Monday, June 15, 2020

Beets For Liver Support In Dogs And Cats


Updated and Revised 3/13/2024

The liver plays a crucial role in detoxification, metabolism, and overall well-being in both dogs and cats. It works like a superhero, getting rid of toxins that can impact your pet's energy levels, appetite, and overall well-being. Liver problems can arise due to various factors, including aging, genetics, infections, and exposure to toxins. Common symptoms of liver issues in pets include lethargy, loss of appetite, jaundice, and digestive problems. But how can you help your dog or cat with liver problems? Diet and natural supplements can have a big impact on a healthy liver for your dog and cat.

Wondering about what foods to feed your dog or cat with liver disease? Pets with liver disease do best when they have a  low-fat, moderate protein diet, but dogs and cats (especially pets with liver disease) can also benefit from a small, measured amount of beets. They support natural liver cleansing by increasing the oxygenation of the blood and by helping to break down toxic wastes. Beets contain glutathione, beta carotene, Vitamin C, iron and other vitamins and minerals, which can support liver function and help detoxify the body. Beets also contain betacyanin, a pigment that may help reduce inflammation and protect liver cells from damage. Organic beets (not beet pulp which is a controversial filler) are found in many premium raw and freeze-dried raw pet foods. You can also add a small amount of cooked or pureed beets to your pet's diet which provides a tasty and nutritious treat. However, since beets are high in fiber and sugar and can stimulate bile flow and cause staining of the fur, feed in strict moderation. A few shreds of raw beet go a long way.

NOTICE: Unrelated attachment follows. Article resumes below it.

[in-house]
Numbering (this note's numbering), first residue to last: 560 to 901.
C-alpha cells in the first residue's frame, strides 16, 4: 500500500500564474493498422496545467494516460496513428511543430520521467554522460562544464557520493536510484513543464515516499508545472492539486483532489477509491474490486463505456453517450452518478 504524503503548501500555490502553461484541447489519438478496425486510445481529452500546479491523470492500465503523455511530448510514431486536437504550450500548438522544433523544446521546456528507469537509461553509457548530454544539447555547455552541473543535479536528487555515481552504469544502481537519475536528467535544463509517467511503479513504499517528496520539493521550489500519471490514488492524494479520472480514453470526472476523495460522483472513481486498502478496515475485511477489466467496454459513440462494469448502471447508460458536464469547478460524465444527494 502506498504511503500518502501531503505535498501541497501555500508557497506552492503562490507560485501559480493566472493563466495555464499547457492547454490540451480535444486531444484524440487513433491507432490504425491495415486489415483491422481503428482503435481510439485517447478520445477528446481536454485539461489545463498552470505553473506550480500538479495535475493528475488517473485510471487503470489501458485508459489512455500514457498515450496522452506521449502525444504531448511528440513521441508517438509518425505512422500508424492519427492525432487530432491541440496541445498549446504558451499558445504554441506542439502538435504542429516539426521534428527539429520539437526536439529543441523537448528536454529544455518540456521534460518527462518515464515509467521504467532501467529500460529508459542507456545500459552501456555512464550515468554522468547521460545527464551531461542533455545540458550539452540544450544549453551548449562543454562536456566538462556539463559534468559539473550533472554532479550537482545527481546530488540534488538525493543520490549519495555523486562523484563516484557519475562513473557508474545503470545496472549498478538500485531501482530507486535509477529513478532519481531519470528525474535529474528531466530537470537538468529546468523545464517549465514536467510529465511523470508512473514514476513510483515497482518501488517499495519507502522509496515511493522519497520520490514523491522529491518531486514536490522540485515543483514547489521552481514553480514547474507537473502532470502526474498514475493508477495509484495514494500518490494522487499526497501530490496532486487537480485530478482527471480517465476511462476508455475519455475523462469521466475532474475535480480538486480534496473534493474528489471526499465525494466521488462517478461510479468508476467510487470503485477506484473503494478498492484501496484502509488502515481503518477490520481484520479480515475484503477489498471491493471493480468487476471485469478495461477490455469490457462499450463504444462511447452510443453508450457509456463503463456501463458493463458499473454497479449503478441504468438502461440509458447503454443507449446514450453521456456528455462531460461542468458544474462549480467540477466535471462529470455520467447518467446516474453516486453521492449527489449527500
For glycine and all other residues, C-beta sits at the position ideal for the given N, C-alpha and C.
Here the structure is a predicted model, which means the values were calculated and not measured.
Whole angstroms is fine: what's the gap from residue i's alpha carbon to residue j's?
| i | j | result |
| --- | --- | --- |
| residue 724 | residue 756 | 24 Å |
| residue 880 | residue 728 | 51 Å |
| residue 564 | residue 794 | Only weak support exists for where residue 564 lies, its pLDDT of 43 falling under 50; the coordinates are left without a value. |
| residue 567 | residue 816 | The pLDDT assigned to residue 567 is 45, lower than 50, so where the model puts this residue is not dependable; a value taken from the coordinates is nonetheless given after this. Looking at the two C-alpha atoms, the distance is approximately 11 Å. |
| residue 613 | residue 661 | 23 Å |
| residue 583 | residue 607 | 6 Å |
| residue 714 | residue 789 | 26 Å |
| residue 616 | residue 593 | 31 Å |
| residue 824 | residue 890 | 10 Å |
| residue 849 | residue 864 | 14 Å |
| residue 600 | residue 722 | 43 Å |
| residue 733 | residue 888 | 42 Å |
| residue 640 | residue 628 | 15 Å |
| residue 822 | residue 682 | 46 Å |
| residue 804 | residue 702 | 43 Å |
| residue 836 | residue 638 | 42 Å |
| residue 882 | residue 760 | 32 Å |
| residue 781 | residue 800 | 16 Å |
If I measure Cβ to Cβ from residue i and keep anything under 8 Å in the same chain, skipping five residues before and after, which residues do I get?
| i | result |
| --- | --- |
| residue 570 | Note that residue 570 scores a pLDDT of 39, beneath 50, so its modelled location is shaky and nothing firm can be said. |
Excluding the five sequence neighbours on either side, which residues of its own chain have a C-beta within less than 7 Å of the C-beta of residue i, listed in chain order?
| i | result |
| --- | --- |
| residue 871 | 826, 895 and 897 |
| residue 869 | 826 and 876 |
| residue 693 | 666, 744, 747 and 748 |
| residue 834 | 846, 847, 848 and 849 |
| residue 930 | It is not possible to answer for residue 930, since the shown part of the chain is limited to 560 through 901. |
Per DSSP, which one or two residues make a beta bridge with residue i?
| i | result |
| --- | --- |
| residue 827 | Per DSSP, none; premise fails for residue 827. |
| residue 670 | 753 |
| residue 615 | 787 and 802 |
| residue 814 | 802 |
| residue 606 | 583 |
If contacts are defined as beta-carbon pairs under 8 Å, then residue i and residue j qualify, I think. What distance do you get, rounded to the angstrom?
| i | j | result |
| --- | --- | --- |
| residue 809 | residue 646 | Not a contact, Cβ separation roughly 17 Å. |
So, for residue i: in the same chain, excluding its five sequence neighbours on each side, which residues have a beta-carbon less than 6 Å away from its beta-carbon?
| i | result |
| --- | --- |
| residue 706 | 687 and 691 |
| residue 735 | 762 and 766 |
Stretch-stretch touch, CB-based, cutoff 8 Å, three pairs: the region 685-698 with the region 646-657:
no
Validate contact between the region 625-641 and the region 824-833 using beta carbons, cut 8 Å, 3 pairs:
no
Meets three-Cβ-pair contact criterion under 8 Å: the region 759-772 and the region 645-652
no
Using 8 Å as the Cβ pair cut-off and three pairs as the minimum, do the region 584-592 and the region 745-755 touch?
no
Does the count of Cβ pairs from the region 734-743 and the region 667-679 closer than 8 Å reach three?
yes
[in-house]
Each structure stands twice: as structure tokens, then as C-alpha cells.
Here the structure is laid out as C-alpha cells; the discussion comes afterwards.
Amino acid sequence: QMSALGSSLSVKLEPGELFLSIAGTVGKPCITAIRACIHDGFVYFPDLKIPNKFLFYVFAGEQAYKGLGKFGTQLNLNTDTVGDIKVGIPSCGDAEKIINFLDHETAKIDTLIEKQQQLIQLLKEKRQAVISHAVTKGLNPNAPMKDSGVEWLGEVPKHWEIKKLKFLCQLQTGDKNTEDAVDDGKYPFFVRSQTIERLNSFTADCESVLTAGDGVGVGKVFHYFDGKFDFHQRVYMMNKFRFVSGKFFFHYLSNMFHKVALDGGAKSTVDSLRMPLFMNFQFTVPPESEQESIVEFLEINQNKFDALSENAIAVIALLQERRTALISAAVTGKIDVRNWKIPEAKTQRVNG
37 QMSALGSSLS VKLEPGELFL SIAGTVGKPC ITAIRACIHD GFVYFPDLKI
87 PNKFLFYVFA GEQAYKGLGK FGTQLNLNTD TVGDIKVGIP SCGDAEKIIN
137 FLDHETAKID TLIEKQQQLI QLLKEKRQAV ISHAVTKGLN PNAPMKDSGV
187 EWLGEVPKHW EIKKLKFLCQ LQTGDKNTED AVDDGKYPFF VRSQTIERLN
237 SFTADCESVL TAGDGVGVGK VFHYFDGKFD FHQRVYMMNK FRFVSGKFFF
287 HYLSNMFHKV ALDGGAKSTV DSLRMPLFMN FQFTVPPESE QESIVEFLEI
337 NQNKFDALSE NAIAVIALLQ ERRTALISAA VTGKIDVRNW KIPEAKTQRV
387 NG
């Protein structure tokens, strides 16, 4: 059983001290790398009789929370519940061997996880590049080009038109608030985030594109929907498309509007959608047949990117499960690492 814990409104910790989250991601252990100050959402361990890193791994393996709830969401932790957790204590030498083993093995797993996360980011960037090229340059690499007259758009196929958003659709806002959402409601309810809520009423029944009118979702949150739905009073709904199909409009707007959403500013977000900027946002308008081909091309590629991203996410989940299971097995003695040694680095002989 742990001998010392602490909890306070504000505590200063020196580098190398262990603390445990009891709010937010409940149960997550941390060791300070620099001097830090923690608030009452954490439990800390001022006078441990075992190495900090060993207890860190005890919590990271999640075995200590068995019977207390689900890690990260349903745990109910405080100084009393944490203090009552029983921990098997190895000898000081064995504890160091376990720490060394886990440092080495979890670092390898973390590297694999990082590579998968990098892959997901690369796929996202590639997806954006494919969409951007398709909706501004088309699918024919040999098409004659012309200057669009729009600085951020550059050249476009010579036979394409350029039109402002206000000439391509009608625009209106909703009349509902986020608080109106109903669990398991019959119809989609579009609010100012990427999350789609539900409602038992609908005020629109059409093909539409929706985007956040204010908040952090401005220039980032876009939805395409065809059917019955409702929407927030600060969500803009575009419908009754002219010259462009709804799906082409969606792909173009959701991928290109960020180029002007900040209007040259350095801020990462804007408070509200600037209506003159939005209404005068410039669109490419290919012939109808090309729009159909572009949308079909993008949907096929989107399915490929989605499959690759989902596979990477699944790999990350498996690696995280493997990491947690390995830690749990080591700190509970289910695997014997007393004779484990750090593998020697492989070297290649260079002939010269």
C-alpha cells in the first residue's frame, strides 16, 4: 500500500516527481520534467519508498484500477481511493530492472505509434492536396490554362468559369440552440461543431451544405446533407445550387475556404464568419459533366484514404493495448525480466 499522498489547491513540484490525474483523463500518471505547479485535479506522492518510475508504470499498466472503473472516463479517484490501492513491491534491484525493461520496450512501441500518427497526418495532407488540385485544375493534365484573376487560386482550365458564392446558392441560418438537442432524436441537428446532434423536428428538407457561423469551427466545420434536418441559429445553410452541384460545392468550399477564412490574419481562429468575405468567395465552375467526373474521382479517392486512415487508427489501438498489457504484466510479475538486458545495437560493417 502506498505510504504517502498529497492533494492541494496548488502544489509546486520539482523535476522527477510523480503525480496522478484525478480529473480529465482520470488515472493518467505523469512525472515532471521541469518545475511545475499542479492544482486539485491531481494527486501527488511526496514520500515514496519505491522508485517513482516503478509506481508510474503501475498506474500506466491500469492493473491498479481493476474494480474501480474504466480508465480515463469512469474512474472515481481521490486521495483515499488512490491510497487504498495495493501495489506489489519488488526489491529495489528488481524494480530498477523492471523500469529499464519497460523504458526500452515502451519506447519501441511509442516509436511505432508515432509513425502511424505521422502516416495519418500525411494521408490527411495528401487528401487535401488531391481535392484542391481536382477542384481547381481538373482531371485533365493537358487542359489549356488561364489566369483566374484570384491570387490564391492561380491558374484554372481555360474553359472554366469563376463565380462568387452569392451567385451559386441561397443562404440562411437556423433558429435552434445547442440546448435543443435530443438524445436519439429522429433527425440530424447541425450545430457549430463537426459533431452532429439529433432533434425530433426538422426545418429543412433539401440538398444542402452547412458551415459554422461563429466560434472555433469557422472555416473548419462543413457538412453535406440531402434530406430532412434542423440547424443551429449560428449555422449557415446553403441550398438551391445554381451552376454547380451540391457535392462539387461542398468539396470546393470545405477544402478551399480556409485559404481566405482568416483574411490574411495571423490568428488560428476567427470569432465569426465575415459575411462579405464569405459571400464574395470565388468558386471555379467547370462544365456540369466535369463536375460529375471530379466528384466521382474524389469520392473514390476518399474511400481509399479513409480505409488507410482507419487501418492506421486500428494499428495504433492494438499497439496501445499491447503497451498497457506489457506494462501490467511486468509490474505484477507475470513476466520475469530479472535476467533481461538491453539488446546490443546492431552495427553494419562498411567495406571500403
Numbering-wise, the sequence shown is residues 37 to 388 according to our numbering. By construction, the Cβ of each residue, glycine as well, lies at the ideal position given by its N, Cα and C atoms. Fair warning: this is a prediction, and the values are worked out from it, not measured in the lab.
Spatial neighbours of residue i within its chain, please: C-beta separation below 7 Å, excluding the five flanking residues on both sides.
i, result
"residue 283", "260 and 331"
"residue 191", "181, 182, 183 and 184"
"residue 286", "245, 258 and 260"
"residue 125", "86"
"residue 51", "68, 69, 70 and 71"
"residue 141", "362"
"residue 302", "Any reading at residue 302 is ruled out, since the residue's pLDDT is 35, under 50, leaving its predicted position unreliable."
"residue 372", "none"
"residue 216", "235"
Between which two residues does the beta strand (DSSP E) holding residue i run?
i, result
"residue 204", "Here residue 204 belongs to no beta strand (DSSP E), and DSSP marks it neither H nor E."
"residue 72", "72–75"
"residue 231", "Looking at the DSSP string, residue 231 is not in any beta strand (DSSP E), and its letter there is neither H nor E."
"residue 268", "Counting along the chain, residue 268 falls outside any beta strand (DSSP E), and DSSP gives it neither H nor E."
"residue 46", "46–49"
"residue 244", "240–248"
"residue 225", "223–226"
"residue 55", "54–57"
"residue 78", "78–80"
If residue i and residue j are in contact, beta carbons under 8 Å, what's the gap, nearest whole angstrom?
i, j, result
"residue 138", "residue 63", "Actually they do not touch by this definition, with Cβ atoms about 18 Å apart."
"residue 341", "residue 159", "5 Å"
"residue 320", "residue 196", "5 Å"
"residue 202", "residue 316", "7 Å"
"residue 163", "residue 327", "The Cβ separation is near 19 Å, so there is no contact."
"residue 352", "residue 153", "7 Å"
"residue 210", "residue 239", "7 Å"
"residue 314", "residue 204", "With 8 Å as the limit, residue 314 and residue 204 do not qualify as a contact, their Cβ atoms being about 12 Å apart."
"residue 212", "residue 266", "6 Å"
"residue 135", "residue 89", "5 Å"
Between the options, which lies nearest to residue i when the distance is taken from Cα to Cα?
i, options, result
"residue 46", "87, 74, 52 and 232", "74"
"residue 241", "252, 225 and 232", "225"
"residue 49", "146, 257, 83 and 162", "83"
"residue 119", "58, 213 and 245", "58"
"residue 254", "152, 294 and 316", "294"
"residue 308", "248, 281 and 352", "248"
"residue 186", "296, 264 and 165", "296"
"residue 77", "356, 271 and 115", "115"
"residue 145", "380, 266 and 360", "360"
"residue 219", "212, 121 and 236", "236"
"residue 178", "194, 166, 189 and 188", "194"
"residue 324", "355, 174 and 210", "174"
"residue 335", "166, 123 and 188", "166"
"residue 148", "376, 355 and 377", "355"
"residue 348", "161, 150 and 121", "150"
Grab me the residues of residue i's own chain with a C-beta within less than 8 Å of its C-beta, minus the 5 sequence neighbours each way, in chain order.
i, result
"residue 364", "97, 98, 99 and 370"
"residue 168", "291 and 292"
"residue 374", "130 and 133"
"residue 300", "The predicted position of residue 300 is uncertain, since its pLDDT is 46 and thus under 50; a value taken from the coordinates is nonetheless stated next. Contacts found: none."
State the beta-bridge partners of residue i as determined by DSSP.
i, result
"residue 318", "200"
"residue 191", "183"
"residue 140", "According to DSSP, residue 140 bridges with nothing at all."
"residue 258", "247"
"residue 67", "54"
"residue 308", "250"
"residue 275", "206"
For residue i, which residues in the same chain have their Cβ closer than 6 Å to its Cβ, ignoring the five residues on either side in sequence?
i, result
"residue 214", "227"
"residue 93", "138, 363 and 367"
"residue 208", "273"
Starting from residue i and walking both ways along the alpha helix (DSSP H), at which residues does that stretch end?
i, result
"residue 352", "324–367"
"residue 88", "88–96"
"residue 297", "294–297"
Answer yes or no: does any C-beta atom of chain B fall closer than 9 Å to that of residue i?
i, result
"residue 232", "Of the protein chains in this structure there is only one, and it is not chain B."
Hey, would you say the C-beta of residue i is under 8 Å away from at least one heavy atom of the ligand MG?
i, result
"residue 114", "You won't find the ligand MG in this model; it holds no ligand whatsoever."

Benefits of Beets For Liver Support In Dogs and Cats

Betaine: Betaine is a natural compound that supports liver function by aiding in detoxification processes. It has been linked to reduced inflammation and protection against oxidative stress.

Fiber: Beets are an excellent source of dietary fiber, promoting digestive health and regular bowel movements. Adequate fiber intake can help manage gastrointestinal issues commonly associated with liver problems.

Vitamins and Minerals: Beets contain vitamins such as vitamin C, B vitamins, and minerals like potassium and manganese, contributing to overall vitality and immune support.

 Benefits of Beets for Liver Health in Pets

Detoxification Support: The betaine content in beets has been associated with liver detoxification, helping to eliminate harmful substances from the body and reduce the burden on the liver. 

Anti-Inflammatory Properties: Beets contain antioxidants that may help reduce inflammation in the liver, promoting a healthier environment for liver cells. 

Digestive Health: The fiber in beets supports healthy digestion and can alleviate constipation or diarrhea, common issues in pets with liver problems. 

Nutrient-Rich Addition: Beets provide a nutrient-dense option for pets, ensuring they receive essential vitamins and minerals necessary for overall well-being. 

 How To Give Beets To Your Dog Or Cat

                                                           grated beets

The grated beets in the above photo came from just one beet!

Cooked or Steamed: Serve beets cooked or steamed to make them more digestible for your pet. Avoid seasoning or adding any harmful ingredients. 

Grated or Pureed: Grate or puree beets to mix with your pet's regular food. This can be especially helpful for pets who may be picky eaters. 

Beet Treats: Consider making homemade beet treats, using pet-friendly recipes that exclude harmful additives like salt and sugar.

How Much Beets To Give A Cat Or Dog?

Feed beets in strict moderation since they are high in sugar, can stimulate bile flow (e.g. more pooping) and cause staining of your pet's fur.  A few shreds of raw beet go a long way.  The amount and frequency should vary by the weight of the pet ranging from 1 shredded piece occasionally for a kitty to a half teaspoon daily for a 75+ lb dog with liver disease.

For more information on Liver Disease in dogs and cats click here.

Author: Susan Davis
Orignal post 6/15/20
Updated 3/13/24